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Well I think I have found a way to try to do some updates in the mornings again. This week I'll be really settling into my class schedule so I hope to have time to do these as part of my routine. I can't promise that I'll be able to put these up every day, but I will try.
The Atlantic is fairly quiet since Hermine moved ashore dumping large amounts of rain on Texas, but we have a brand new tropical storm in the far eastern Atlantic, Tropical Storm Igor, centered just southeast of the Cape Verde Islands. This is one of the more intimidating names on the storm list this year, and I think he has a good chance to live up to his name and become a major hurricane down the road. He should have less problems with dry air than Danielle and Earl did, as he has a nice large tropical wave out in front that is bringing a potent moisture burst into the Atlantic.
The models will be jumping around trying to recurve Igor into a weakness in the central Atlantic in about 10 days. There is room for a lot of change to this idea as the pattern is very dynamic, and a lot of models are showing drastically different things from run to run, indicating the uncertainty in this kind of pattern. The European and GFS both show another storm developing behind Igor in a few days and try to recurve it early. What could be interesting is if the storm behind Igor does recurve early, amplifies the trough into the eastern Atlantic, and pumps the ridge to the west which would prevent Igor from turning out as soon. This is speculation for now as it is a long way out, but I am still very concerned that the pattern this year may allow at least one of these Cape Verde storms to come all the way across and hit the United States.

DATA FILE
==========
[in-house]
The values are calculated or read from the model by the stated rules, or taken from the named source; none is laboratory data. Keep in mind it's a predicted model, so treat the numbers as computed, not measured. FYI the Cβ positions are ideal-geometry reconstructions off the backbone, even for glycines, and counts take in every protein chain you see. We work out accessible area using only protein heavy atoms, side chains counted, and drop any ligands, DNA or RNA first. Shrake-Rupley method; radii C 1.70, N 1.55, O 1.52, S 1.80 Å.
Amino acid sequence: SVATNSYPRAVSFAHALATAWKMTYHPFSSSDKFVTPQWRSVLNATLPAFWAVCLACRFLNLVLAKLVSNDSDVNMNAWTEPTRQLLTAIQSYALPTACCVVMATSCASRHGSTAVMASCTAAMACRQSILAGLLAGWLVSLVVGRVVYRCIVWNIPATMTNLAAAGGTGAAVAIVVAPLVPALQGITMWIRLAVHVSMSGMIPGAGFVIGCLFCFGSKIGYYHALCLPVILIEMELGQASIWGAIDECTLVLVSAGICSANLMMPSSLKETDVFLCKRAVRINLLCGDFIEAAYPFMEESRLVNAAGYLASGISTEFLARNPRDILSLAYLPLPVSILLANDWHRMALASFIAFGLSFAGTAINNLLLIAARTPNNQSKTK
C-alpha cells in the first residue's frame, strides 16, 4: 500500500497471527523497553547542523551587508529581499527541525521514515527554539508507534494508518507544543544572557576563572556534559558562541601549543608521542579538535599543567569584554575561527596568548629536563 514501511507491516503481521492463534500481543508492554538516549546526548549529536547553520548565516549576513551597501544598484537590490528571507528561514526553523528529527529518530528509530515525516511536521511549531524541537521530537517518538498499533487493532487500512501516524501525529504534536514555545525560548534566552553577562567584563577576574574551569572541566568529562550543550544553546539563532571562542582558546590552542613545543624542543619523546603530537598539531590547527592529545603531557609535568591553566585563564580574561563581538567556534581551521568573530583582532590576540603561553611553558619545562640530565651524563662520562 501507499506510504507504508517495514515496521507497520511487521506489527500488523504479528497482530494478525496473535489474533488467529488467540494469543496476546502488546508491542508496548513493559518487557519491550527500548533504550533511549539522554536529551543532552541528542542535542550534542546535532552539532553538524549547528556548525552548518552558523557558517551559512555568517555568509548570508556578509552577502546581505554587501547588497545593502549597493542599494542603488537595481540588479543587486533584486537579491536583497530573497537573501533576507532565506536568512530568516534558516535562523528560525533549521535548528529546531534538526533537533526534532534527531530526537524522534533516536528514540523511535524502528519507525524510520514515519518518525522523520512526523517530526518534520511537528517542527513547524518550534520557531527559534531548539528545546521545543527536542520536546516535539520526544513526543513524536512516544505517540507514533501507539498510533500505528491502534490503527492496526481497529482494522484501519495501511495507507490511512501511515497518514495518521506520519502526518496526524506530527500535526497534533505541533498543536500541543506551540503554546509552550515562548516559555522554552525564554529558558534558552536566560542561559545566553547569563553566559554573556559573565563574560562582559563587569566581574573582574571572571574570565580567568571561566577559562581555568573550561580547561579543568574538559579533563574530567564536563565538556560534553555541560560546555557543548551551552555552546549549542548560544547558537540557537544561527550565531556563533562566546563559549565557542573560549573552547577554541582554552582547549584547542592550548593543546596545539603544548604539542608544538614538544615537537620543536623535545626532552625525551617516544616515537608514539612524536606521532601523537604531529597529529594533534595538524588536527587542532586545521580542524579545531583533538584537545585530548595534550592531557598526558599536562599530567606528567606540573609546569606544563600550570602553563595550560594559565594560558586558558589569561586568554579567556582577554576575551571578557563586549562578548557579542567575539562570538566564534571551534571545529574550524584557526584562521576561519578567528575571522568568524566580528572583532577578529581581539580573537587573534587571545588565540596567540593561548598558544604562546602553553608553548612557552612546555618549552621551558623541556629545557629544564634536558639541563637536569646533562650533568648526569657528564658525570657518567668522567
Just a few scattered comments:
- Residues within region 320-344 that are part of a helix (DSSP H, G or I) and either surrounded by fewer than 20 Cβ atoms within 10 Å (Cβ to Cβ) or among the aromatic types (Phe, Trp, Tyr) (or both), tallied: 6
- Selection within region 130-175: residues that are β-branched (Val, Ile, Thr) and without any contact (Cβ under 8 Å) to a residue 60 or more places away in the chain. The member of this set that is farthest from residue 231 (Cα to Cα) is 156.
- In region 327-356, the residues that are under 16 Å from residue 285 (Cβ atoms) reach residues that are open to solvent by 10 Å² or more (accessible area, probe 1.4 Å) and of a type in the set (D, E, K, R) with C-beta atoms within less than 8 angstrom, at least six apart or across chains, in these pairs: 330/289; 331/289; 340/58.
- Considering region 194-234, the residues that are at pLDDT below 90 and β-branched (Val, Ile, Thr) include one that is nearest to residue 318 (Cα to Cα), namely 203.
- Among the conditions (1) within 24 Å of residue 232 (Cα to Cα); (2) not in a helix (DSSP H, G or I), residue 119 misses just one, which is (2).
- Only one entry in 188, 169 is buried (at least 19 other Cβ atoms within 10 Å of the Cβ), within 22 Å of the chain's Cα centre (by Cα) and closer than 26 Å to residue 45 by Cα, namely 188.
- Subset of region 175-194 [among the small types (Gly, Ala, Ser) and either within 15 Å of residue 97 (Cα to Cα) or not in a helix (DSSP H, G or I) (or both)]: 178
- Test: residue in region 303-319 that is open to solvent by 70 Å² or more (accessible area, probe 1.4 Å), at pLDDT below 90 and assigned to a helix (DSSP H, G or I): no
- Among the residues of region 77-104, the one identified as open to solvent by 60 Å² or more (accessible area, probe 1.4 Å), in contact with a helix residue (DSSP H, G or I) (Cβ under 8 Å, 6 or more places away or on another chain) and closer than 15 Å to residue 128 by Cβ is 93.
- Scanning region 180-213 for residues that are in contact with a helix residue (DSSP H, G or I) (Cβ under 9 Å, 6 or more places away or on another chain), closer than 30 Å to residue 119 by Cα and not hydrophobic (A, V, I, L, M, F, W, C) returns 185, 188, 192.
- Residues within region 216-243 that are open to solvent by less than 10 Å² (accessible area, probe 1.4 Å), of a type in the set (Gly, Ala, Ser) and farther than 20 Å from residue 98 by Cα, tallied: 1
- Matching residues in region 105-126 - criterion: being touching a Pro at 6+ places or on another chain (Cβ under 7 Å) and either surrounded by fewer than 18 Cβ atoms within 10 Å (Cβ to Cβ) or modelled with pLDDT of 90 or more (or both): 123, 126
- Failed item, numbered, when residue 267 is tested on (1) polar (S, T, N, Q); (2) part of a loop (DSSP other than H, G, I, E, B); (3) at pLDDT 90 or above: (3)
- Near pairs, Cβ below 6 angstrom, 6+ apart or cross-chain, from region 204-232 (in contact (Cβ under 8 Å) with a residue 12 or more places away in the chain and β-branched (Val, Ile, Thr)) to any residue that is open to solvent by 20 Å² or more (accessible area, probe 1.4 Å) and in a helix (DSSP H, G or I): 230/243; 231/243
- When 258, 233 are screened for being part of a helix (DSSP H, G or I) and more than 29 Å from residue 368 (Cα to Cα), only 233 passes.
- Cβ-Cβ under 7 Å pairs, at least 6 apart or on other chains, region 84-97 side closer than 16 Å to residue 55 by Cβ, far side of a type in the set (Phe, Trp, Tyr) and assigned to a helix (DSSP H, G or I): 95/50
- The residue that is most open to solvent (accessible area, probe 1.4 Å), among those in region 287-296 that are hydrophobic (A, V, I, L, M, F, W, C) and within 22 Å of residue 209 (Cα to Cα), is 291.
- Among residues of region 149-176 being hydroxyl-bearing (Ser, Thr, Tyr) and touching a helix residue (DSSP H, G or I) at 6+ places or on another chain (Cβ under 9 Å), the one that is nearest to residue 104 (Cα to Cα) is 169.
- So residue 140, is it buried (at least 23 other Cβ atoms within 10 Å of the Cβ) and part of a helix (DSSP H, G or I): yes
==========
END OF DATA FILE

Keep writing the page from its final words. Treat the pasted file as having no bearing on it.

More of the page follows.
The ECMWF has been fairly consistent on developing a storm in the Caribbean in 8-10 days as heat builds up and pressures lower in the SW Atlantic Basin. It is about time for this area of the Atlantic to get going. The Caribbean has seen nothing since Alex at the very beginning of the season. The models are starting to see the upward motion shift west towards the Caribbean after being focused over Africa during the Cape Verde storm burst, and this makes good sense given that the Cape Verde season typically starts to slow down during the 2nd half of September. August is the most active month for the eastern Atlantic climatologically, and once that area starts to shut down for the year, the activity is just going to shift west into the SW Atlantic Basin where storms are very likely to threaten land. We've already had Hermine as a warning shot that things will start to get active over there.
Just because most of our storms have been of Cape Verde origin this year doesn't mean that the season will end when the eastern Atlantic shuts down. The activity will simply shift west, and that's why the U.S. should still be very concerned about potential landfalls in the 2nd half of September and October. The Gulf of Mexico is a hot spot and deceptively favorable for storms that could get in there. Bonnie and a couple of TDs have made it seem like it's been unfavorable, but in reality it has been very favorable on average, but no storms have gotten in there to take advantage of it. We saw how fast Hermine tried to ramp up. It is not something to take lightly. I still expect a few more storms to hit the United States before the season is over.
We shall see what happens!
Tropical Storm Igor Track Models:
Caribbean/East Pacific Visible/IR2 Satellite (click image for loop):
Central Atlantic Visible/IR2 Satellite (click image for loop):
Atlantic Tropical Surface Analysis:
200mb Vertical Velocity (green areas represent upward motion associated with the MJO):